“I think I have a very good chance of winning the title again. There are a number of athletes who will also think they have a chance of winning though so it will be tough.
“I take confidence from my training so as long as my preparation goes according to plan, then I will be prepared mentally.
“The challenge physically is to not do too much training in these final few weeks and risk injury.”
Having already competed in two important events relatively early in the year (Northerns and the Great Edinburgh Cross County), Steve cast his thoughts to the rest of 2013.
“My main goal is to win the National Cross Country Championships, and to finish in the top five at the European Mountain running championships in July.”
With the 2012 Olympic mania still amongst the UK, Vernon believes the benefits of the event are still being reaped.
“I think the Olympics had a huge impact on the general public in the UK and the awareness to sport has improved massively.
“There is still not enough provision for people to get involved in sport though and it will take time for more coaches and proper facilities to be available to meet that demand.”
Leaping four years into the future, and the prospect of the 2016 Rio Olympics, he revealed: “My main disciplines are cross county and mountain running and they are not Olympic sports.
“Cross country will be a trial event at the next winter Olympics so I might get chance at a winter Olympics one day!”
Just one week after thieves attempted to run off with steal lead lining from Swinton Hall Nursing Home, the institution is beginning to return back to normality.
The attempted theft took place on Tuesday, 17 April, and damaged two bedrooms, a kitchen, a gym, and almost seriously injured a 64-year-old lady who was sleeping in one of the rooms. Matron Shirley Lawton spoke: ''It was very lucky we got her out when we did, we didn't realise how bad it was at the time.
"She was traumatised really afterwards when she saw what could have happened, and so were the rest of the staff and patients.''
The thieves tried to lift up the tightly secured steal lead lining from several areas of the roof, but were unable to get away with any.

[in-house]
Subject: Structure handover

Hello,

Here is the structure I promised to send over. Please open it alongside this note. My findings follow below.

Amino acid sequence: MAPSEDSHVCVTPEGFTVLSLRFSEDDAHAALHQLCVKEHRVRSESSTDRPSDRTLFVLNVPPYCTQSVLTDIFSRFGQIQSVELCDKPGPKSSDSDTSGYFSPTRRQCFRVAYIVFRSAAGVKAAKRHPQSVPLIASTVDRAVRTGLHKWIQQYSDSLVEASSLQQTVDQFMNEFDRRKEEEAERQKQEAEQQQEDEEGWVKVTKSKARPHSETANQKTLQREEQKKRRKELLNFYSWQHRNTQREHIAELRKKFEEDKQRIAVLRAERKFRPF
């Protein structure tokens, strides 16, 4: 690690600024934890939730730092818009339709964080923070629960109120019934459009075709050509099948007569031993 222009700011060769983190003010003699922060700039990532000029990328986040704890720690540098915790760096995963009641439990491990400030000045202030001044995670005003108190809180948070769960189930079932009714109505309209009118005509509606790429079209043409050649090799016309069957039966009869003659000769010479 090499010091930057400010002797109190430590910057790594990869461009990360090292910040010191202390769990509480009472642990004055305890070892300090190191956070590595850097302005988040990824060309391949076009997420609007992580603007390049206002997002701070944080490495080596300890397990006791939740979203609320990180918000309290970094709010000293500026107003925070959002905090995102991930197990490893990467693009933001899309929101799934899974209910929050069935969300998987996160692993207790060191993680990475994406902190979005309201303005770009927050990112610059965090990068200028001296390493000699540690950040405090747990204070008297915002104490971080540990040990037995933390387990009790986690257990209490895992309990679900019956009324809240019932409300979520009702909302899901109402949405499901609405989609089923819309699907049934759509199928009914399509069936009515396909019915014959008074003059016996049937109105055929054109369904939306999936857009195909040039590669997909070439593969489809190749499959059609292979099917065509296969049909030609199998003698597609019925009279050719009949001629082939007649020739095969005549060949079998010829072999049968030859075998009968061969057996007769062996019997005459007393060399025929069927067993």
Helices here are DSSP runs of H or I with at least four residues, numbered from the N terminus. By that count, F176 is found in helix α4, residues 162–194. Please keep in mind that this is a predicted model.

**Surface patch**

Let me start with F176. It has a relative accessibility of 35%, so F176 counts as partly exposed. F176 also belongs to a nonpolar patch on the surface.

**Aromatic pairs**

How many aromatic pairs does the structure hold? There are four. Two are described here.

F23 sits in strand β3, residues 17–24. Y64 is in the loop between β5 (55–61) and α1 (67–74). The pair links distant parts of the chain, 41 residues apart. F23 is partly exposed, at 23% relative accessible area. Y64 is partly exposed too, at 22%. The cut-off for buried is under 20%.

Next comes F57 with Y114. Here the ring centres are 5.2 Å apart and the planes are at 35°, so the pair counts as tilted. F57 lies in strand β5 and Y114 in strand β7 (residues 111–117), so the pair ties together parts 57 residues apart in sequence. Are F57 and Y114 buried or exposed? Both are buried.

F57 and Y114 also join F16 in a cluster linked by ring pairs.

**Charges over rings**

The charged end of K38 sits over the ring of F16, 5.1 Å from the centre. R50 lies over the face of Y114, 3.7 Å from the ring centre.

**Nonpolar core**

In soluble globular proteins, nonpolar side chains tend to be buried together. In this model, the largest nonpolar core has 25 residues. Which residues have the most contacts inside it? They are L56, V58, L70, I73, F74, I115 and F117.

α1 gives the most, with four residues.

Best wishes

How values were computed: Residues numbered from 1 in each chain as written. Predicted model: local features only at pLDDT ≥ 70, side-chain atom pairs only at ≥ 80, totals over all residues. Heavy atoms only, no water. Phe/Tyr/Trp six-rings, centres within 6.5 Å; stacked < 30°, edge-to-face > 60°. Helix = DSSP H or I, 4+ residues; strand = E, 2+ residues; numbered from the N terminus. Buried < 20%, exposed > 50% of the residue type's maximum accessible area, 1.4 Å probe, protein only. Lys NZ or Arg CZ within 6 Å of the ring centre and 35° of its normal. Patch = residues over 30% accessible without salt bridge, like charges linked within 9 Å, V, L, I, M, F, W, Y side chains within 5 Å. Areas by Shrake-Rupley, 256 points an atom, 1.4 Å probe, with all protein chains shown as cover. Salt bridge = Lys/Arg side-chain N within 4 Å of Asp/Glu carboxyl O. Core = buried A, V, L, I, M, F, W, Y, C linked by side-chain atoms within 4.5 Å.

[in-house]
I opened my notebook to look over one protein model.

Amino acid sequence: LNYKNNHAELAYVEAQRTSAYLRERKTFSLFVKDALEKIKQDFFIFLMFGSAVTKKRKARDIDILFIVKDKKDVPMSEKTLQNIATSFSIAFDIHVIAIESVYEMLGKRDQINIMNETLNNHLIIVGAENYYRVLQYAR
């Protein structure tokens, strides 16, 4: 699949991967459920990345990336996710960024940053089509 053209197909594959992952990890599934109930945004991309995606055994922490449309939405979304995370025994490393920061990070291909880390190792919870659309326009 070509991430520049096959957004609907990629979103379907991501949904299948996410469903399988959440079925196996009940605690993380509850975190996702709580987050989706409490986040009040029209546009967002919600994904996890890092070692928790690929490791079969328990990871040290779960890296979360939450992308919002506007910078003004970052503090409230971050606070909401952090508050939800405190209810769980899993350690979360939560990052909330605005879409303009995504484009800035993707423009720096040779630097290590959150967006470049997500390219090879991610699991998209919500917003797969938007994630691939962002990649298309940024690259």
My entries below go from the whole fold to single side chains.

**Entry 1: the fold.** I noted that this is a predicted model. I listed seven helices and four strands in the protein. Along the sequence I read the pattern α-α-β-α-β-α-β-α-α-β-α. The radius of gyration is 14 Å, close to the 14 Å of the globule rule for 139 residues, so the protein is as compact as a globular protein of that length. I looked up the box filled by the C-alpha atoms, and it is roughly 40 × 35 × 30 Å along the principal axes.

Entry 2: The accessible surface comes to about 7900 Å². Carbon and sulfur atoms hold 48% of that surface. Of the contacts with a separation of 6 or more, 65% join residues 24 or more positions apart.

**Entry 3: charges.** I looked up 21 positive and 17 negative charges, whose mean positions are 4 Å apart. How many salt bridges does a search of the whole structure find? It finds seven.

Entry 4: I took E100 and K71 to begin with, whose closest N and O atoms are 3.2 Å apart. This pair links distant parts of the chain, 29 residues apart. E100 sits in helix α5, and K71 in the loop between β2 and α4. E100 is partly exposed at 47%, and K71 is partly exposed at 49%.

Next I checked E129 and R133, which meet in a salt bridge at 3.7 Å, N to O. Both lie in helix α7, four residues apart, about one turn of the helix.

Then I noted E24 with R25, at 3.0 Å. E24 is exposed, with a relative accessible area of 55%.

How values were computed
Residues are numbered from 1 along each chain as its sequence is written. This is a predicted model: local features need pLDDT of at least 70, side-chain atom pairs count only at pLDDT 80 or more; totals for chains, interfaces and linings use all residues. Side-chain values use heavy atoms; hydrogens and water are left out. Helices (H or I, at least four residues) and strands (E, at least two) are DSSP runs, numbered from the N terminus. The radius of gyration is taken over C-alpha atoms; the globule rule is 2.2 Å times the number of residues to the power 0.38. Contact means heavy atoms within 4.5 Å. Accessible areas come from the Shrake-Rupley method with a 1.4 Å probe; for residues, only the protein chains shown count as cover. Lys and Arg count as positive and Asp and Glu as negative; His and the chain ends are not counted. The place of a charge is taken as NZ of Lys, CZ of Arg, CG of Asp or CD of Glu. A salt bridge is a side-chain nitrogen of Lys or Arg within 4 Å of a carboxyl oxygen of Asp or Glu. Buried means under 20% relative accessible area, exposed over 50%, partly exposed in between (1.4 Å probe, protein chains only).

Since the incident last Tuesday, the nursing home, on Worsley Road, has inserted more lights up on the roof with greater intensity, and provided more security cameras.
Matron Lawton added: ''It caused us and the patients a lot of upset at the time, but I think they're reasured now; they're all very much on guard, and I think they're more relaxed now that we've taken these tighter measures. You just don't think people are going to do it to an old people's home where people are sleeping at night.''
The police told the nursing home that these kind of thefts are happening a lot lately, and have unfortunately found no leads on the thefts in this particular case.
Within a couple of days the home was able to get everything back in working order, and are now just waiting for the criminals to be brought to justice. Matron Lawton pleaded: ''We're really hoping that because this elderely lady could have been really badly physically hurt, that this could twig someone's conscience now, or help to report someone.''
Keen Stockport Harrier distance runner Jayne Lawton, (centre of the picture) will take to the streets of London in four days time for the London Marathon, so I decided to quiz her on her past experiences, and expectations for this year.
Jayne ran her first London Marathon several years ago with club mates Rita Long and Carol Bradburn. At the time, Carol was in her final stages of her cancer, and so the threesome inspirationally ran in London, knowing that it would be Carol's last athletics event. Carol sadly past away the following year, but her legacy inspired Jayne to continue running the 26.2 mile course year on year.
When asked about the atmosphere at London, Jayne said: ''It's absolutely fabulous, it is always one of the best days of my year, I always cry reading everyone's story on their backs. The marathon is a great leveller if you ever get sucked into the fake stuff in life, it gives you a shot of reality, of what life is simply about. It' just about trying to help support each other, to try make a difference to everyone around you, and to enjoy everyday you have.''
As expected, such a gruelling event is no picnic to train for. It takes hard work, dedication and an awful lot of time. Jayne spoke of her training: ''It's very, very hard, but to be honest if it was easy it wouldn't be worth doing. Fitting in the long runs are a nightmare but you just do it. Mentally training is the key, focus on each mile, keep positive, make your mind your own best friend, not your worst enemy, and most importantly, enjoy!''